Reason for delay
There had been no reason for the delay by HMRC and there had been previous less serious breaches of the tribunal rules. There had been clear prejudice to the taxpayer in having to wait eight months for a proper statement of HMRC’s case. If there was not a barring order, the taxpayer would have been left without a remedy for the prejudice caused.
HMRC had been on notice from the January 2014 that failure to comply with directions might lead to a barring order, but the position was not corrected until five months later. The judge had adopted a correct approach.
HMRC’s public duty
It was suggested that a debarring order prevents HMRC from discharging its public duty and leads to the loss of VAT, which would be a dangerous precedent if accepted. There was at least as strong an argument that the courts should expect higher standards from public bodies compared to individuals and private bodies.
Was the debarring order disproportionate? It could not be said that for BPP to have allowed six weeks to elapse after the breach before applying for a debarring order was in any culpable. Neither could it be said that a debarring order was an unjustified windfall, as that point could always be made by a party facing this type of application. There were no exceptional circumstances in favour of HMRC.
Was the debarring order outside the scope of what a reasonable judge could have ordered? The court accepted that her decision might be viewed as tough and not one that would have made by every tribunal, but an interference with a discretionary decision by an appellate court would only occur if the decision was plainly wrong. The decision must be plainly unjustifiable. This was not the situation here. It was not, however, to say that an appellate court cannot interfere with a debarring order.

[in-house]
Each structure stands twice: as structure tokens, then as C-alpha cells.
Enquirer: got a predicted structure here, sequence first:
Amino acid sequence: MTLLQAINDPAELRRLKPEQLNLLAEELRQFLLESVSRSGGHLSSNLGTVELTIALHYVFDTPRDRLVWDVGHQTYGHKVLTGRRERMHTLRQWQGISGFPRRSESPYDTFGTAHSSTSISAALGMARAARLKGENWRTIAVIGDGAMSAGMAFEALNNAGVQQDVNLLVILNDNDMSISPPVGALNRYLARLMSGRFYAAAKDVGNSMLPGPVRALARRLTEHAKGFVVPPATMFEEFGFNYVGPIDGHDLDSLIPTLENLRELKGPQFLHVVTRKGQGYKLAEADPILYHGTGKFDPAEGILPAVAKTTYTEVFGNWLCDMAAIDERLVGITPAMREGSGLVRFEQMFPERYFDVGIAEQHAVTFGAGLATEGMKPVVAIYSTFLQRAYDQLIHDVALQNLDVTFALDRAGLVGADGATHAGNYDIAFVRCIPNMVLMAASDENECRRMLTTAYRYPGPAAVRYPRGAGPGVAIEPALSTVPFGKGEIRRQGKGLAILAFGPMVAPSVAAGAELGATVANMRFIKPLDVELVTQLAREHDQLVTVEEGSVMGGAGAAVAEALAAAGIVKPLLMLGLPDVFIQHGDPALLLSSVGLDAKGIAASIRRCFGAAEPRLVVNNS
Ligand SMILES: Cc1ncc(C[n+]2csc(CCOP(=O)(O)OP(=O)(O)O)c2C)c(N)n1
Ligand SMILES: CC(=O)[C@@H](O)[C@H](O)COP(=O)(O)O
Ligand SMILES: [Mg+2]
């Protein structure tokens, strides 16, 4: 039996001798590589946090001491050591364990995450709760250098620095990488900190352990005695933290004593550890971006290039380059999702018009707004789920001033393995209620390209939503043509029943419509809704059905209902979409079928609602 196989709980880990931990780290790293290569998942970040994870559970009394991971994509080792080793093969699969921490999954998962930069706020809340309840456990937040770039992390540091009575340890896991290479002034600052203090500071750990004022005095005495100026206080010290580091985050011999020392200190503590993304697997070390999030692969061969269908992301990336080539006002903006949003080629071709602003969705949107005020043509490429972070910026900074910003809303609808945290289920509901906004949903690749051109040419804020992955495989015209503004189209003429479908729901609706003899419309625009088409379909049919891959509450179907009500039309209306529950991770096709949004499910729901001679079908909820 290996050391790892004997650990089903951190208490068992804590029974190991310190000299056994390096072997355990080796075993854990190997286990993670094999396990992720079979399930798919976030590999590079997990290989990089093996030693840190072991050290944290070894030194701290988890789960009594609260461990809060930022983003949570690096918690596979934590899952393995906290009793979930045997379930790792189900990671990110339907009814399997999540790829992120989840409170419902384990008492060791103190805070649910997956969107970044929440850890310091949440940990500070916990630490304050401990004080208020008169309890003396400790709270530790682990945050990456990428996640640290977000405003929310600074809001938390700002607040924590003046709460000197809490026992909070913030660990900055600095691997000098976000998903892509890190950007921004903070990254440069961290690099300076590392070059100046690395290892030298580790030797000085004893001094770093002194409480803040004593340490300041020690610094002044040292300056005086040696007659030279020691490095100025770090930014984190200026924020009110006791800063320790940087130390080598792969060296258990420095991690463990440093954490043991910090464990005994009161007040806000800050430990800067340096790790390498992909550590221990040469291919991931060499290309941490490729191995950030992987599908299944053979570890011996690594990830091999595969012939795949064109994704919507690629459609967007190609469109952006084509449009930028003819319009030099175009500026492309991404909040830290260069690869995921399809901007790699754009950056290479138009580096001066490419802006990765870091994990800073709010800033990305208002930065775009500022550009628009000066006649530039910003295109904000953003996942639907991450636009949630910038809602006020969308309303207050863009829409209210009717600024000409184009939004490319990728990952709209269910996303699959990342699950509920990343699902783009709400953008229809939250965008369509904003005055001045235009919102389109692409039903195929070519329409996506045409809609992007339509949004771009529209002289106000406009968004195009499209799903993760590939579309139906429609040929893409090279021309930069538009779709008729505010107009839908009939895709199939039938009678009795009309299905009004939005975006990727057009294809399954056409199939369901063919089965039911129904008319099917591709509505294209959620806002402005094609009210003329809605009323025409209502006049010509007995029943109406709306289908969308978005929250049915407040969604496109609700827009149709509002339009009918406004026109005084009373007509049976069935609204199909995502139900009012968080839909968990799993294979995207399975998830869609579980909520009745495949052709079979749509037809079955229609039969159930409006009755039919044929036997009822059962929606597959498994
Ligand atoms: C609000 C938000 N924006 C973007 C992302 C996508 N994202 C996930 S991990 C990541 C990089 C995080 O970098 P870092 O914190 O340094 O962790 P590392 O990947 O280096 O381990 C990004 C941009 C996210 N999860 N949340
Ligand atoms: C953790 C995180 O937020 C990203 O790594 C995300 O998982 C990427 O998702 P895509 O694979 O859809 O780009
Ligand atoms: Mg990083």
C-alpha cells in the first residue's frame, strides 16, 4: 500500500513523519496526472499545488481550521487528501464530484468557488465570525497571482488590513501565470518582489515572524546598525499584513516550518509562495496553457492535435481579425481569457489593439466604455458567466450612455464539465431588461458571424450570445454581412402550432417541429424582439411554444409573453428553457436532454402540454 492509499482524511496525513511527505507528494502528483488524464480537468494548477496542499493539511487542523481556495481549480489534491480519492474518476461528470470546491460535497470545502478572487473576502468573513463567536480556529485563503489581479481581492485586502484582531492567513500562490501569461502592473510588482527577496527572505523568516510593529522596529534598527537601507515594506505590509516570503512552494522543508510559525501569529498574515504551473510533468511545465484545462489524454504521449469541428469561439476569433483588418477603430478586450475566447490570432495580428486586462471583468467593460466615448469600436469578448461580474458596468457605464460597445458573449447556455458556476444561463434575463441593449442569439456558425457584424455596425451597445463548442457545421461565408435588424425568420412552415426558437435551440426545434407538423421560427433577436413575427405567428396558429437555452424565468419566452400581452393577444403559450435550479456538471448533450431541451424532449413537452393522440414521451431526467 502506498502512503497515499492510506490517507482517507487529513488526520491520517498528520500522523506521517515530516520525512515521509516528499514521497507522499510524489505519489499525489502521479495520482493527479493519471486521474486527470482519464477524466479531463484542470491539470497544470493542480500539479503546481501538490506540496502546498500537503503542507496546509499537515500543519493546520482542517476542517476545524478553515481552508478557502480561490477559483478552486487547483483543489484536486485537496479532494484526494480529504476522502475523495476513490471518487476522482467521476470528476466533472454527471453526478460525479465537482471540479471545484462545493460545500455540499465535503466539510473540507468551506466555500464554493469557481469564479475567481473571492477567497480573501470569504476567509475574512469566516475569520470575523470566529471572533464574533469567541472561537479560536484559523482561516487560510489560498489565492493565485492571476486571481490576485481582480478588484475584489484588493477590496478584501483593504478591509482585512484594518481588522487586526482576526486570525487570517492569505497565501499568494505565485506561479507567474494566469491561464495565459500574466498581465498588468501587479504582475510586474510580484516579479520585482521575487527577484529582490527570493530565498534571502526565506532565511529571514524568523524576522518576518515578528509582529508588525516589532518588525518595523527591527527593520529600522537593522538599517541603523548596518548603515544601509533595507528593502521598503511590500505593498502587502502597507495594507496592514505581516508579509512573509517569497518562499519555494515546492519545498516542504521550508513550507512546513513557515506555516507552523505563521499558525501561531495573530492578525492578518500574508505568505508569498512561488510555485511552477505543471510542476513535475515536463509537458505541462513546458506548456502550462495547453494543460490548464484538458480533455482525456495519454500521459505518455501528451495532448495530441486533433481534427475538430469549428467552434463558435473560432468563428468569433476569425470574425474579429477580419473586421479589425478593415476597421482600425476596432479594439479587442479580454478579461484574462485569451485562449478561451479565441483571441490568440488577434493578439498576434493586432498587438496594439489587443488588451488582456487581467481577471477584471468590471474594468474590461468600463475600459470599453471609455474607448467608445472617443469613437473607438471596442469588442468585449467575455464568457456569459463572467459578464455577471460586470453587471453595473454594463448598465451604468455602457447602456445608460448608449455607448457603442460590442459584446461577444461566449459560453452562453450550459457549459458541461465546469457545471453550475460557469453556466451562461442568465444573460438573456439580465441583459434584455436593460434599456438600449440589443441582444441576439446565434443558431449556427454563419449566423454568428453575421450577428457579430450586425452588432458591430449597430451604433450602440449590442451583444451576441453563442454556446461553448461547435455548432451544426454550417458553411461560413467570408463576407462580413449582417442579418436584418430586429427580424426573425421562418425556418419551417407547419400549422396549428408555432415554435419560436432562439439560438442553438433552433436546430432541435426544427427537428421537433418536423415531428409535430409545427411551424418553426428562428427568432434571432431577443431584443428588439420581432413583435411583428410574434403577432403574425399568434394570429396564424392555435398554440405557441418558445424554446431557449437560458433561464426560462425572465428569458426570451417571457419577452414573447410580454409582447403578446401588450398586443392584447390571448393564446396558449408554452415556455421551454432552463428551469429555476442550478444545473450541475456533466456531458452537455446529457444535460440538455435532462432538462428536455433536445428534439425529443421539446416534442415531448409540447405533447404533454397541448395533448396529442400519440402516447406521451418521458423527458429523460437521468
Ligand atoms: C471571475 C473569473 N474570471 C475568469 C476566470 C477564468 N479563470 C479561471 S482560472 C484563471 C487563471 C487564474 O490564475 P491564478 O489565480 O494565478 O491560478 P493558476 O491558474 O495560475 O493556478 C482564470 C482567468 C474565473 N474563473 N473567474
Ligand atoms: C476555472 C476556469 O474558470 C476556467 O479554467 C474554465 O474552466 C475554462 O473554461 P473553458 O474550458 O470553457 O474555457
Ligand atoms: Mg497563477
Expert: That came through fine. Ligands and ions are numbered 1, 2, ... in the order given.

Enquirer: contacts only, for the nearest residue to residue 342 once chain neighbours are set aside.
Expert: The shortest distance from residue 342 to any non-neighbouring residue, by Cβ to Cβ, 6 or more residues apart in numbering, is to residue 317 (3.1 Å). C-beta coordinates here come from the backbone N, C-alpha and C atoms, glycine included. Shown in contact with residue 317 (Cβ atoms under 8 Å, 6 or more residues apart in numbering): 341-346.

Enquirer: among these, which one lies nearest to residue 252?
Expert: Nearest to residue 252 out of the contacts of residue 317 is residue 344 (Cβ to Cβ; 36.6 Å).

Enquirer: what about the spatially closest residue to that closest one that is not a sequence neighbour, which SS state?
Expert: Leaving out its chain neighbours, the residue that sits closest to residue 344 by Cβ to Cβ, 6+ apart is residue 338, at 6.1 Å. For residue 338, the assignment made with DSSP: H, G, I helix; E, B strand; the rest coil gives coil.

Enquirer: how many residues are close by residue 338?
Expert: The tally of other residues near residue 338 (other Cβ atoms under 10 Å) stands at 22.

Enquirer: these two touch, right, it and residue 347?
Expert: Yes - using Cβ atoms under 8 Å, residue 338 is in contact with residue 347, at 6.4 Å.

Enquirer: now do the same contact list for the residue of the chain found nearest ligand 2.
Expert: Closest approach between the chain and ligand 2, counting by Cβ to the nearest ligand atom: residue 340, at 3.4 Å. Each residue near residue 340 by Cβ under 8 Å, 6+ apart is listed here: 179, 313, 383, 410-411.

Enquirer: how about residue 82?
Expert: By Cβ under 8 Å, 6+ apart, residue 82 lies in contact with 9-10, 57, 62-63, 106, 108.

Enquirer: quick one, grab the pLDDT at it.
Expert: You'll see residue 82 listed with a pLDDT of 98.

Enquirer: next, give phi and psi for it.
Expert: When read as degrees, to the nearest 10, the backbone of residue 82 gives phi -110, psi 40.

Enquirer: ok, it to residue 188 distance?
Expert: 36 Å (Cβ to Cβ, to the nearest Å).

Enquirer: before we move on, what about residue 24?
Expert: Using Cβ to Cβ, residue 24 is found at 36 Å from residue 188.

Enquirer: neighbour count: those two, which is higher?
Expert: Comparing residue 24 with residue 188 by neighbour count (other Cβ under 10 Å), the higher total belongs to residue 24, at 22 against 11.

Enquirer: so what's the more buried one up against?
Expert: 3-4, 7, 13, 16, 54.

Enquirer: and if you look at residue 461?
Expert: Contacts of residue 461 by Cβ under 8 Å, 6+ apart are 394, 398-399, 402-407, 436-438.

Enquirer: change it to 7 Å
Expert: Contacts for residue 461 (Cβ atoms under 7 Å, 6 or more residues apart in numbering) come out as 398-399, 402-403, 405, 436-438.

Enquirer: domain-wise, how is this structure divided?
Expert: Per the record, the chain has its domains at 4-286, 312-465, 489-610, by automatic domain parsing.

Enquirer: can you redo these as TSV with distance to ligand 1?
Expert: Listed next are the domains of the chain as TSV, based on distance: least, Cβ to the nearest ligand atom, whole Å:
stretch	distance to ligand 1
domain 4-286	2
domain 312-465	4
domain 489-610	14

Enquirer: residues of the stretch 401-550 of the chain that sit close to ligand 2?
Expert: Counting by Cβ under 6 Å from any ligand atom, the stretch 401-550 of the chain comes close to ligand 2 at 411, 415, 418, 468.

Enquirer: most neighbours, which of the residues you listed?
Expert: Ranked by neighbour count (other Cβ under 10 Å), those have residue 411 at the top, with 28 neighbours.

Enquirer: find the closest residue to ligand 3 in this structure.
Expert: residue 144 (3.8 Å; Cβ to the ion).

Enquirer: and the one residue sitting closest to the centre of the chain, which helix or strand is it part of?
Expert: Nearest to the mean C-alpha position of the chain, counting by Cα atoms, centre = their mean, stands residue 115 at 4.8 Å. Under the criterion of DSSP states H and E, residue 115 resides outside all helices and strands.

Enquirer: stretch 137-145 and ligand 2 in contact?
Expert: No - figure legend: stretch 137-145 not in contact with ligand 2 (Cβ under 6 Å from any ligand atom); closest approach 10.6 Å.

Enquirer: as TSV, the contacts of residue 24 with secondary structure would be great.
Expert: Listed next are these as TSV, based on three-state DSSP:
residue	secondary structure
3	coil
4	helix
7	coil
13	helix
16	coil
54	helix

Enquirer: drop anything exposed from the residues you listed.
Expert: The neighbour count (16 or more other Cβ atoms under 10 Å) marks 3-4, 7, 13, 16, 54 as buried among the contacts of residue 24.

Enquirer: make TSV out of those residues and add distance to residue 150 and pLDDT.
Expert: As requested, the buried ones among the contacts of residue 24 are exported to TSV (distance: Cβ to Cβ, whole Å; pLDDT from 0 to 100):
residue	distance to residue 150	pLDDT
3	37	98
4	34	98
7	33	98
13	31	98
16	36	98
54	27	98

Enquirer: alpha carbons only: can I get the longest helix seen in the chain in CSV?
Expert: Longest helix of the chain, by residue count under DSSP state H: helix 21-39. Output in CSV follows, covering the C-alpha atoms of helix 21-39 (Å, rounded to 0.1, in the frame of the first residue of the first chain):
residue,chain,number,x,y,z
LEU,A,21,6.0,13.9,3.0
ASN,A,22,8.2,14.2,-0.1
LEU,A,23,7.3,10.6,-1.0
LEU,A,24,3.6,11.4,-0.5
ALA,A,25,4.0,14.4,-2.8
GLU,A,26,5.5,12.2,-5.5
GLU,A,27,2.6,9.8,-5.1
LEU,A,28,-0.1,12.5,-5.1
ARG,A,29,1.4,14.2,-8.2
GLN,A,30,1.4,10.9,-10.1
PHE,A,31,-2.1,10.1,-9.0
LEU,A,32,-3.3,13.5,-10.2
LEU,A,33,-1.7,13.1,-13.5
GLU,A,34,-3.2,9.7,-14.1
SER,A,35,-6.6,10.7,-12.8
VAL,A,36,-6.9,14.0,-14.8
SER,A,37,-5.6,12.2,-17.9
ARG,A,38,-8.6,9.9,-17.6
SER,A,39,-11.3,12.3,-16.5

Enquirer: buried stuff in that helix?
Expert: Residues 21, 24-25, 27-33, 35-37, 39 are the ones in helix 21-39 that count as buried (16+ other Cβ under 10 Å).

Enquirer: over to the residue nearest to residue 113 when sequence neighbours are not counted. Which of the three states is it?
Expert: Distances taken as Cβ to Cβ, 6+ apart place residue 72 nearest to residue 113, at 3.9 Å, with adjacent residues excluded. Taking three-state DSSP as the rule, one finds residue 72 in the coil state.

In relation to a debarring order; there is a limit to the permissible harshness or generosity of a decision. Here though it cannot be said that the decision was on the wrong side of the line.
Accordingly, the appeal of HMRC was dismissed.
Summary of principles
a)An application for a debarring order will be considered by the FTT as matter of discretion depending on all the factors of the case.
b)An order is more likely to obtained if there:
- Are previous breaches of tribunal directions;
- Was a delay by HMRC in correcting the position;
- Was an absence of explanation for the delay in complying with an order;
c)Care must be taken in distinguishing the Court of Appeal guidance on sanctions and striking out cases and the authorities dealing with tribunal matters which can come from the whole of the UK.
d)HMRC cannot argue that it is in the public interest not to impose barring orders.
e)An application will succeed if it can be shown that no reasonable tribunal could have made the decision it did. A decision close to the line will not be upset. The fact that another tribunal might have made a different decision is not enough to result in an appeal succeeding.
f)In any appeal, the challenge should be directed at highlighting the errors of reasoning at the FTT decision.
John Flood is a retired barrister and ex-employee of HMRC. He is a co-author with George Rowell of the new book, Tax Penalties: A Practitioners Guide (Sweet & Maxwell Thomson Reuters)